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Five Reasons Oakland Is Heating Up

San Francisco Office

We asked Avison Young's new managing director Charlie Allen to give us his quick list on why Oakland is so alluring.

You probably know Charlie, but, if not, here's the skinny. He just opened the firm's new Oakland office. He started on Bastille Day (following 21 years at Cushman & Wakefield) and was lured by the excitement of doing something different. Plus, his good friend Ted Simpson left Cushman to open Avison's downtown LA office. Now onto that list...

Slim Pickings

Charlie is planting the office at Kaiser Center (above), a site he's continuing to co-list with a former colleague at Cushman. There are only a few options for Oakland buildings with full floors available. The Clorox building, for example, fits the bill. He's seen rents in top-tier buildings increase to over $40/SF. But Oakland has always been a more stable market than S.F. as far as rent swings; they never got too low or high. But as inventory tightens, they are likely to go up, he says. 

The Surprise Factor

When people tour the market, they are blown away by how great a work environment it's become. (Above, Oakland Mayor Jean Quan at a Bisnow event, noting Oakland was named the No. 5 best city for attracting VC.) The problem is there's a lack of product. Any opportunity to redevelop or build is going to create that synergy. The Sears building, for example, sat vacant since the bust (two photos below). The new ownership, Lane Partners, just closed escrow.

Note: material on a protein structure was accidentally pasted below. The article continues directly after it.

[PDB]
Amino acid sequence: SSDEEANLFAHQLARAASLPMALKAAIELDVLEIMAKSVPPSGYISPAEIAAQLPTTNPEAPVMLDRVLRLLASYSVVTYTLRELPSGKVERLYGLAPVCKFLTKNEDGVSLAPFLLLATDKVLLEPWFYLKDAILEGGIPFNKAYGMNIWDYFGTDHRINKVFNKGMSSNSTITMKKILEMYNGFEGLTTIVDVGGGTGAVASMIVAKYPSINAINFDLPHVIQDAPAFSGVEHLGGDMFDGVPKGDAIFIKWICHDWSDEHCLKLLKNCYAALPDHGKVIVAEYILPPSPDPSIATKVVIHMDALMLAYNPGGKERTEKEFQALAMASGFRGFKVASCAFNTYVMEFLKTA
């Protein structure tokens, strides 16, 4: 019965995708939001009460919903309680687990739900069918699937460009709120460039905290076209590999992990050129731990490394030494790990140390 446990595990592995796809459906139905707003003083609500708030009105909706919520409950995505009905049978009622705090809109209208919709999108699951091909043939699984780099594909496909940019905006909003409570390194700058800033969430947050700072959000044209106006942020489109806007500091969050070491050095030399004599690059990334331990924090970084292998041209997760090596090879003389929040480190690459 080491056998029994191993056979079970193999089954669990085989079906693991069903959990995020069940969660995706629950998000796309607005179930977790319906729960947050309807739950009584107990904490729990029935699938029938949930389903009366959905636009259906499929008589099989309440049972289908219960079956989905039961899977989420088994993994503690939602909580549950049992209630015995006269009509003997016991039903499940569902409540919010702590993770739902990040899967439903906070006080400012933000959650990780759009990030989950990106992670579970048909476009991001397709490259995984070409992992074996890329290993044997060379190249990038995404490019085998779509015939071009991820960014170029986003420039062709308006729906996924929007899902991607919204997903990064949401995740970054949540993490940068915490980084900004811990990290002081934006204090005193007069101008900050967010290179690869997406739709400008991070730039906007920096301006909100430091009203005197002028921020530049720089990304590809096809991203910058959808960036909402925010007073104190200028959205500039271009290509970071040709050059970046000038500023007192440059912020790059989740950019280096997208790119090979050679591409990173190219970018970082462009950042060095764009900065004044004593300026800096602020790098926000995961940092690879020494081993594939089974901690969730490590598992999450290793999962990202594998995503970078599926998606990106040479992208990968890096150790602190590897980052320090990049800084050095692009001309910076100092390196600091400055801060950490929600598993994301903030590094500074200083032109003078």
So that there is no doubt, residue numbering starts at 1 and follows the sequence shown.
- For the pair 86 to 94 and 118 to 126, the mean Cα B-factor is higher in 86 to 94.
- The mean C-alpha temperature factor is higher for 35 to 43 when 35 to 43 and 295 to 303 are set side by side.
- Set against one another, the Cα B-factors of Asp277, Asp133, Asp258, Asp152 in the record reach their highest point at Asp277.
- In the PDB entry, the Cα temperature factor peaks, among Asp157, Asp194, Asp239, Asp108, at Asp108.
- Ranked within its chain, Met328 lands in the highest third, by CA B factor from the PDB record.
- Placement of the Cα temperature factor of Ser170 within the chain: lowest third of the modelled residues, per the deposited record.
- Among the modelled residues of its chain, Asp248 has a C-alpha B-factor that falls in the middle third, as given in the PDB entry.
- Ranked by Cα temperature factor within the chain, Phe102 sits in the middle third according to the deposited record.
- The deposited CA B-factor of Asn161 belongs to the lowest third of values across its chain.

Early Pioneers 

There's a tremendous number of S.F. tenants looking in Oakland to relocate, Charlie says. It only takes a handful to start the push across the bridge. The first was from nonprofits looking for cheaper rent, then professional firms looking to improve their bottom line. Now it's across the board, with all types of industries. Companies doing well in Oakland are expanding there, too (Think: Pandora.)




Relocations & Expansions 

Some companies are breaking up their requirement, inking space in S.F. and Oakland. Look at Gordon & Rees, which took a floor at 11th and Broadway and kept a big chunk in S.F. to save money. Others like expanded downtown Oakland space while retaining their S.F. location. The driving factor is BART, which keeps the two markets just 15 minutes apart, making it easy to go back and forth.

Today vs. 2004

When tenants used to consider leaving S.F. in the past, they would leapfrog Oakland and go to Walnut Creek or Pleasanton. It's a completely different market than it was 10 years ago. Residential towers are putting people on the street and creating a retail energy of restaurants, bars, cafes, galleries, and coffee shops. There's a whole street side in downtown Oakland that's completely new. Above, sfuncube's new office.